Honoring Black History Month: Devon Howland on why mentors matter

In honor of Black History Month, we’re running a series of profiles and Q&As with members of the African-American community at Haas. Follow the series throughout February.

Devon Howland, internship and alumni coordinator for the Boost@BerkeleyHaas pre-college program at Haas. Photo: Jim Block
Devon Howland, internship and alumni coordinator for the Boost@BerkeleyHaas pre-college program at Haas. Photo: Jim Block

Devon Howland’s passion for mentoring led him to a fitting role, as internship and alumni coordinator for the Boost@BerkeleyHaas pre-college program. The 30-year-old program has helped prepare more than 1,000 Bay Area high school students to become the first in their families to go to college.

Howland, a first-generation college student himself, oversees all aspects of work-readiness requirements for students entering Boost@BerkeleyHaas summer programs, internships, and site visits to Bay area employers.

We spoke with Devon about his views on black history in America and on Black History Month, and the need to do a better job in teaching black history in schools.

How did you learn about black history in America?

Personally, I had to go out to find black history on my own through study and personal stories. What we learn in school is just insufficient. I happened upon an African-American history museum as a junior in high school and got really interested in the topic, which led to me reading and researching on my own. I first read The Autobiography of Malcolm X by Alex Haley and I Know Why The Caged Bird Sings by Maya Angelou. These books helped me see into the lives of other blacks so I could relate my life to theirs. In the end, this allowed me to value black people and their contributions in ways my education did not.

Maya Angelou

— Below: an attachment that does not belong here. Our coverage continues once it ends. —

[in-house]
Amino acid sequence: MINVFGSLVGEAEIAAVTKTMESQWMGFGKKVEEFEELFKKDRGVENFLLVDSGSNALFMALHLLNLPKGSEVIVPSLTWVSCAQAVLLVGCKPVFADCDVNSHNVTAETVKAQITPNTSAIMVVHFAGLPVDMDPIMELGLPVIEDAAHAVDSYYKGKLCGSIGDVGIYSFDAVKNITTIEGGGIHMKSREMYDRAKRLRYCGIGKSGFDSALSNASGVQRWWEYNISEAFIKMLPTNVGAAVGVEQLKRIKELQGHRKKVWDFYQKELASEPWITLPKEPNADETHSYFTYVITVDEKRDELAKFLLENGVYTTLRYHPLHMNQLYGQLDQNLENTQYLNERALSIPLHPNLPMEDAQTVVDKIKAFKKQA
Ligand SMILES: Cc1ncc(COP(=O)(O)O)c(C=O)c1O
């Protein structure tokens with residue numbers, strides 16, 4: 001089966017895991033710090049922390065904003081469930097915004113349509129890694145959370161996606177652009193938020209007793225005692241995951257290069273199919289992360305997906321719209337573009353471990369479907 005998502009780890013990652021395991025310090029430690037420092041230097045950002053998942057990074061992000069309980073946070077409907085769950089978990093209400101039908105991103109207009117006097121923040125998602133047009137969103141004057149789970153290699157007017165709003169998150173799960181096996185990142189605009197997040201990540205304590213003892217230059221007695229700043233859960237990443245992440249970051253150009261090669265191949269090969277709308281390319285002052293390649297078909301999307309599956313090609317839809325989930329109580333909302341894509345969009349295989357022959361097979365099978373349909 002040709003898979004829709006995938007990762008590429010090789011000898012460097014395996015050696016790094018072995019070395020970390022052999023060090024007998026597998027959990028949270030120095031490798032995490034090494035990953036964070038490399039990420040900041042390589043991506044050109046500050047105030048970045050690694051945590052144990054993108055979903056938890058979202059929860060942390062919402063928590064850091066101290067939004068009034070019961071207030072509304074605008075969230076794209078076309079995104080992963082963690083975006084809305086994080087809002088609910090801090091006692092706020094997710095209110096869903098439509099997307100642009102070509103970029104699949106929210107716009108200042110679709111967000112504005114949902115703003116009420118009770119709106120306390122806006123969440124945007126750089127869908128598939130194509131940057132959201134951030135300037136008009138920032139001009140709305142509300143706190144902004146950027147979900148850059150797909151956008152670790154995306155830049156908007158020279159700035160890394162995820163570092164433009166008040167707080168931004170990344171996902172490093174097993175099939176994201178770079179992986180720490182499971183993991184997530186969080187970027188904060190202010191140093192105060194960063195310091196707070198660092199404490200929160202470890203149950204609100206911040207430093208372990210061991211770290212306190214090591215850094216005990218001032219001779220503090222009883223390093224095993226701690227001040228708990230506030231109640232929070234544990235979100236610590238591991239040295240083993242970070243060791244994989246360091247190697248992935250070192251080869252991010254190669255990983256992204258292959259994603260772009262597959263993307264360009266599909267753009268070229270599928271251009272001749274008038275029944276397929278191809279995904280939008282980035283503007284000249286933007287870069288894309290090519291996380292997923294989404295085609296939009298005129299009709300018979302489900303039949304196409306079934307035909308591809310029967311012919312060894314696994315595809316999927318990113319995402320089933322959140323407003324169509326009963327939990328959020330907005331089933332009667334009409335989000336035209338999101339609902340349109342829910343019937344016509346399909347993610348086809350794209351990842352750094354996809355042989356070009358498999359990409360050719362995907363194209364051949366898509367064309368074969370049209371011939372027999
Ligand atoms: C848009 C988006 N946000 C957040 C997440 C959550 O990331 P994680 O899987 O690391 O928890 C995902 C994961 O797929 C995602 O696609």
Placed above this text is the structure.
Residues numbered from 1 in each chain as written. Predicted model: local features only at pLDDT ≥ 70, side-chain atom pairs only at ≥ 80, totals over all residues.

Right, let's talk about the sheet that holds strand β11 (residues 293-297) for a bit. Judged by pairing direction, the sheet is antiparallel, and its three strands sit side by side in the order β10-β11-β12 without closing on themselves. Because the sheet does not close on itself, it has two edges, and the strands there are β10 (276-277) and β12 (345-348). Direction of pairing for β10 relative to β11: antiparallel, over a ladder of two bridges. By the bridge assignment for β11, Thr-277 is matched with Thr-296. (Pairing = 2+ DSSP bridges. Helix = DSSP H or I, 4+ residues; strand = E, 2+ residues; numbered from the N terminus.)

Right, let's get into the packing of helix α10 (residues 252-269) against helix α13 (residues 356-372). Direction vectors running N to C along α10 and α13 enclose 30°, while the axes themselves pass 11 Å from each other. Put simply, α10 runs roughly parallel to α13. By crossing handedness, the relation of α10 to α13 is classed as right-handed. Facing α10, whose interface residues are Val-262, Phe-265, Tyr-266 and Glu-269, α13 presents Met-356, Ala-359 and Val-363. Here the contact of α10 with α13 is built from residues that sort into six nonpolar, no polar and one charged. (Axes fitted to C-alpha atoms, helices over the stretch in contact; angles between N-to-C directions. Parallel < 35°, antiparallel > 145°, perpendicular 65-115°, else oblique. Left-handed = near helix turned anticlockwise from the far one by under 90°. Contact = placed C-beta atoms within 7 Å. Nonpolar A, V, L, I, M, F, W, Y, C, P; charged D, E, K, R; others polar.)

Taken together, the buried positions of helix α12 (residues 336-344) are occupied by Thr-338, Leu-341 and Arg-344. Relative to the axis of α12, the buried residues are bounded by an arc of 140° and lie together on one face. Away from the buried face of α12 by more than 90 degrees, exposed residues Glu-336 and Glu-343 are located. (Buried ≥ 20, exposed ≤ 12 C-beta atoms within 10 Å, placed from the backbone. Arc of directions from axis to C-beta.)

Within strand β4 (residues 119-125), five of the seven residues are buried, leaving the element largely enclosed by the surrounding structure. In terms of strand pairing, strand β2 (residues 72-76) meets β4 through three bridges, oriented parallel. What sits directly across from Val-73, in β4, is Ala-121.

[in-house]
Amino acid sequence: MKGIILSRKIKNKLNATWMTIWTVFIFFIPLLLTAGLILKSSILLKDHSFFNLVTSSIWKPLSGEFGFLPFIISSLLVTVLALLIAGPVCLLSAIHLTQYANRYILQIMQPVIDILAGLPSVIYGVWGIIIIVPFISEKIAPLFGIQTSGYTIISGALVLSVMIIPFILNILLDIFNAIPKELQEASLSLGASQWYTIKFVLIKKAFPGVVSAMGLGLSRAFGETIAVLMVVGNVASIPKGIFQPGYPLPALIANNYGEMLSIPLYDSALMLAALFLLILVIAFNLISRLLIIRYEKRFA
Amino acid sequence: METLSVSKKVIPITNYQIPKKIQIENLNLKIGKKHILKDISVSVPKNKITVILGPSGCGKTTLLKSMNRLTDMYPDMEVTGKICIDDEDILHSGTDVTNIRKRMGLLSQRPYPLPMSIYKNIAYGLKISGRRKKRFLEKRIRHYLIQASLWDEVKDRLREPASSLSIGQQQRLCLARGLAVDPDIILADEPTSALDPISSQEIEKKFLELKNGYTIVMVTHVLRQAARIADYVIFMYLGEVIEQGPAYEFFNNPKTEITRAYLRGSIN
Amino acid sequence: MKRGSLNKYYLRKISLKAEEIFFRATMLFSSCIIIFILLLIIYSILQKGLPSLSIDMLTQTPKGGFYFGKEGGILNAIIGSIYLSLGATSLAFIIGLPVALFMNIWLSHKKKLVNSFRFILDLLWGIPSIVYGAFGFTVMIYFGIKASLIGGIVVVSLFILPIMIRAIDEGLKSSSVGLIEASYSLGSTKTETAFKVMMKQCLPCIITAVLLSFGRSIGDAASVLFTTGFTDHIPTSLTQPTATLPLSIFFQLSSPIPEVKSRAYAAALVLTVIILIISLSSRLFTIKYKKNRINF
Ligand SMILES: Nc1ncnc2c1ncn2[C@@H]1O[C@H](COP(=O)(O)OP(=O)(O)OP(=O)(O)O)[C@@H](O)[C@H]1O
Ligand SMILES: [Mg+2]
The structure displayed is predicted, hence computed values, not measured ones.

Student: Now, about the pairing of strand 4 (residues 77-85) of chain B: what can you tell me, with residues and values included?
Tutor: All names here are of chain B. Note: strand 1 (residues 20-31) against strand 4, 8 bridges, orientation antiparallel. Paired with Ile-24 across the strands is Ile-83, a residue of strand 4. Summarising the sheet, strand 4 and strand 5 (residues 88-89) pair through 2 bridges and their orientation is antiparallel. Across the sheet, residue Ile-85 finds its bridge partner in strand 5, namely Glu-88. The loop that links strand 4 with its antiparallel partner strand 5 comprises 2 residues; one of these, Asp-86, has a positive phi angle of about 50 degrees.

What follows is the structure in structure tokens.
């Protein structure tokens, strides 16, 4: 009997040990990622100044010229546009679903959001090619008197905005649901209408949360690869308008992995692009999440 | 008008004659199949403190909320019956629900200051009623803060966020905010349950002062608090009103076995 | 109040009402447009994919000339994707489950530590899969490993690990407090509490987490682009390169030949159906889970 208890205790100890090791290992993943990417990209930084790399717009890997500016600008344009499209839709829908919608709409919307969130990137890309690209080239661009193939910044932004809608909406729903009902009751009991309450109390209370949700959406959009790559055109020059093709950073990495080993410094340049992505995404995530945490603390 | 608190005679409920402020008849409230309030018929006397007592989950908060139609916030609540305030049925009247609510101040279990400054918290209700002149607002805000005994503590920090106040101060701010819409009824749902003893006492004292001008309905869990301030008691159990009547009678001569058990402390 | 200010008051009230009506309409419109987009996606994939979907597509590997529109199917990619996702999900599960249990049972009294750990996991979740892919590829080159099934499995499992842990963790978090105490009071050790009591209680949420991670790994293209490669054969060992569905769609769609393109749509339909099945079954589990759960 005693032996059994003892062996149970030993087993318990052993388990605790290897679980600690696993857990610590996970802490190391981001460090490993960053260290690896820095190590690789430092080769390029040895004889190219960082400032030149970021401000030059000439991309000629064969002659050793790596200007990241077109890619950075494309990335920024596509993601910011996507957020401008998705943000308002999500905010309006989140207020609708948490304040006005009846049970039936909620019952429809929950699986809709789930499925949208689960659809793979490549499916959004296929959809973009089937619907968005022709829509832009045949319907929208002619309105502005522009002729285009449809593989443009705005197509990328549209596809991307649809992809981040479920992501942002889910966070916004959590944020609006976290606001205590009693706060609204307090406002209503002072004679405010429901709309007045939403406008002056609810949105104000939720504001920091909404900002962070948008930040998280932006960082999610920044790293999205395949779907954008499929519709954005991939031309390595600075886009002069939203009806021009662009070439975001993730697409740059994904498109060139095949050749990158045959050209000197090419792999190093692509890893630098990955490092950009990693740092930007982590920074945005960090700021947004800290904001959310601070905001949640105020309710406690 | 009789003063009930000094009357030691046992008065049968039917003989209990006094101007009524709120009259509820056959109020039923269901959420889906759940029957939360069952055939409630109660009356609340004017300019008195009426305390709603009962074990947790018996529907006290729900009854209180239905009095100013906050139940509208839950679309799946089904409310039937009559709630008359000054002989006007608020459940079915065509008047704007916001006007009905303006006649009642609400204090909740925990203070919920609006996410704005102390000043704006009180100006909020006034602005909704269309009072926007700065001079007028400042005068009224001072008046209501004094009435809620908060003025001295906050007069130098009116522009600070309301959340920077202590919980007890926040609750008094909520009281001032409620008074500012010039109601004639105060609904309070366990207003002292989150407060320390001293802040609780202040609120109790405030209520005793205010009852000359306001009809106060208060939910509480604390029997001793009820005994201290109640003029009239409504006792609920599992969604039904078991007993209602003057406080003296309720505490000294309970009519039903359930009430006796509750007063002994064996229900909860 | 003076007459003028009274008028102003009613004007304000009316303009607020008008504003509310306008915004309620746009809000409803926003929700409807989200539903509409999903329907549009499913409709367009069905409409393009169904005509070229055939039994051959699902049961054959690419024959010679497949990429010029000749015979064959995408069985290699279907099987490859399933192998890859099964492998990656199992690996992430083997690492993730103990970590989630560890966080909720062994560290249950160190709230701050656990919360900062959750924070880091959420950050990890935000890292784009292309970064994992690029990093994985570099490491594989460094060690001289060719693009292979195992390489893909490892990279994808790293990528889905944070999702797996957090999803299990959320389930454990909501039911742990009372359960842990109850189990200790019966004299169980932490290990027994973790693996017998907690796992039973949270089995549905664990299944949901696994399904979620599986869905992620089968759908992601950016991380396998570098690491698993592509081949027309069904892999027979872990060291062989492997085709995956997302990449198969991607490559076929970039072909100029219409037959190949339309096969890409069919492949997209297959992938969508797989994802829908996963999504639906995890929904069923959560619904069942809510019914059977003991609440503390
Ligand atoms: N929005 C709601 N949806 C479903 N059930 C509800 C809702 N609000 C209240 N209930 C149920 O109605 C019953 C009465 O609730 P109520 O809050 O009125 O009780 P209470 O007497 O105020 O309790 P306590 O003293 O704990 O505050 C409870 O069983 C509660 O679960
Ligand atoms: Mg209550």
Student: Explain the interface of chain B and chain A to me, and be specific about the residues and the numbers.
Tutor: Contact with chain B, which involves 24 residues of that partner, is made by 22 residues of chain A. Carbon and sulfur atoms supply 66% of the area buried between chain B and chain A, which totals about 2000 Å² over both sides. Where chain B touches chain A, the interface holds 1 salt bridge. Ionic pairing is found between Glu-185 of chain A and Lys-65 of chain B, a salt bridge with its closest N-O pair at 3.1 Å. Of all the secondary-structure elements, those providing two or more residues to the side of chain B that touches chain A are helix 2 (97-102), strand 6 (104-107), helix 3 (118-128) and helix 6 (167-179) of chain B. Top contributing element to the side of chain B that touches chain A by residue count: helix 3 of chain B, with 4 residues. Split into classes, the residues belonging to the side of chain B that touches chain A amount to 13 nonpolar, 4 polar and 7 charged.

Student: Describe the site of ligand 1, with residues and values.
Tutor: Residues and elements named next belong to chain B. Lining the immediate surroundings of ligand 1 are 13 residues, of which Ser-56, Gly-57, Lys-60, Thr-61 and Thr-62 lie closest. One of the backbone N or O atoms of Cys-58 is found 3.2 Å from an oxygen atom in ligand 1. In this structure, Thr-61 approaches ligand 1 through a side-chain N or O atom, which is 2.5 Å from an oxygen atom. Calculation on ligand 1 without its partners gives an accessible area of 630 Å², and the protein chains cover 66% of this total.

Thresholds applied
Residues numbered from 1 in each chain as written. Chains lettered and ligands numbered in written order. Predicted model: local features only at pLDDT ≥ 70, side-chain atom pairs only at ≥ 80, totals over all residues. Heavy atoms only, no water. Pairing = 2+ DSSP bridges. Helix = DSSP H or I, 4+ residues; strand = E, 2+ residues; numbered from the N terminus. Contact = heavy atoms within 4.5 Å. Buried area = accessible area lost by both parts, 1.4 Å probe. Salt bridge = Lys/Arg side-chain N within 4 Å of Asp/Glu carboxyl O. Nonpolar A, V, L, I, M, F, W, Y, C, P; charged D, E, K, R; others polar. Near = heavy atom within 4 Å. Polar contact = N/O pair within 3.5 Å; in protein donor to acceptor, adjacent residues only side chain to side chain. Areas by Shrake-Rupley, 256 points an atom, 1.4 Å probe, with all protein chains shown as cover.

Maya Angelou’s book I Know Why The Caged Bird Sings “helped me see into the lives of other blacks.” Photo: William J. Clinton Presidential Library and Museum

This desire to know about and value the lives of those like me continues and fuels my current family genealogy searches. Ultimately, this led me to realize that black history too often gets reshaped and softened in its retelling. I think partially this could be because young people would naturally question why our founders displaced the original inhabitants of this land and enslaved others to build it. We must teach how this oftentimes torturous and demeaning yet sometimes inspiring and brave history has been and continues to challenge black status in U.S. society.

What do you think of Black History Month?

I’m glad it was initiated by (historian and author) Carter G. Woodson, but in its implementation, we have stopped short of making it all it could be: an opportunity to talk about this very tangled, difficult, and tragic story of how black people were brought to this country and later made to integrate into a society that was unwilling to accept them. Let’s rightly celebrate what has been achieved for sure. We all are direct recipients of intentional and unintentional foundations laid by all our predecessors.

How do we do a better job of educating K-12 students about this?

Students in the Boost program at Haas.
High school students who participated in the Boost program at Haas. Photo: Jim Block

We have a generation of young people who no longer want to be victims, nor put up with what prior generations put up with. After the shooting of Trayvon Martin (the unarmed 17-year-old African-American teenager from Miami Gardens, Fl., who was fatally shot by George Zimmerman), many became aware that African-American parents must have these difficult talks with our sons and daughters about how to survive. We must tell our sons what they can and cannot do in a public setting because it might risk their lives. K-to-12 could be this great place to bring to life these ugly realities that people of color have to face.

Who are your heroes in the black community?

I would just point to people in my life who took the time to invest in me. In the past, that would include people in my neighborhood, but it’s also been people of color in positions at the university or in the corporate world, or even just my uncles, who were father figures to me, who stepped up. When I think about Black History Month, I think about people like that. Not necessarily nationally known figures, but people who had their own opportunity to make an impact and influence and used it.

You also mentor outside of Berkeley Haas.

Devon Howland: This current generation desperately needs mentors who can really be their heroes. I currently mentor several youths I’ve met through volunteering with two programs that impact teens: Alive and Free and Young Life. Both organizations focus on helping to young people at risk and their need for Christian values, respectively. In both I see how small investments of my time and heart produce tremendous tangible dividends in the lives of young people. Inside and outside of work, I get to see lives change. In the end, there is nothing more rewarding than that.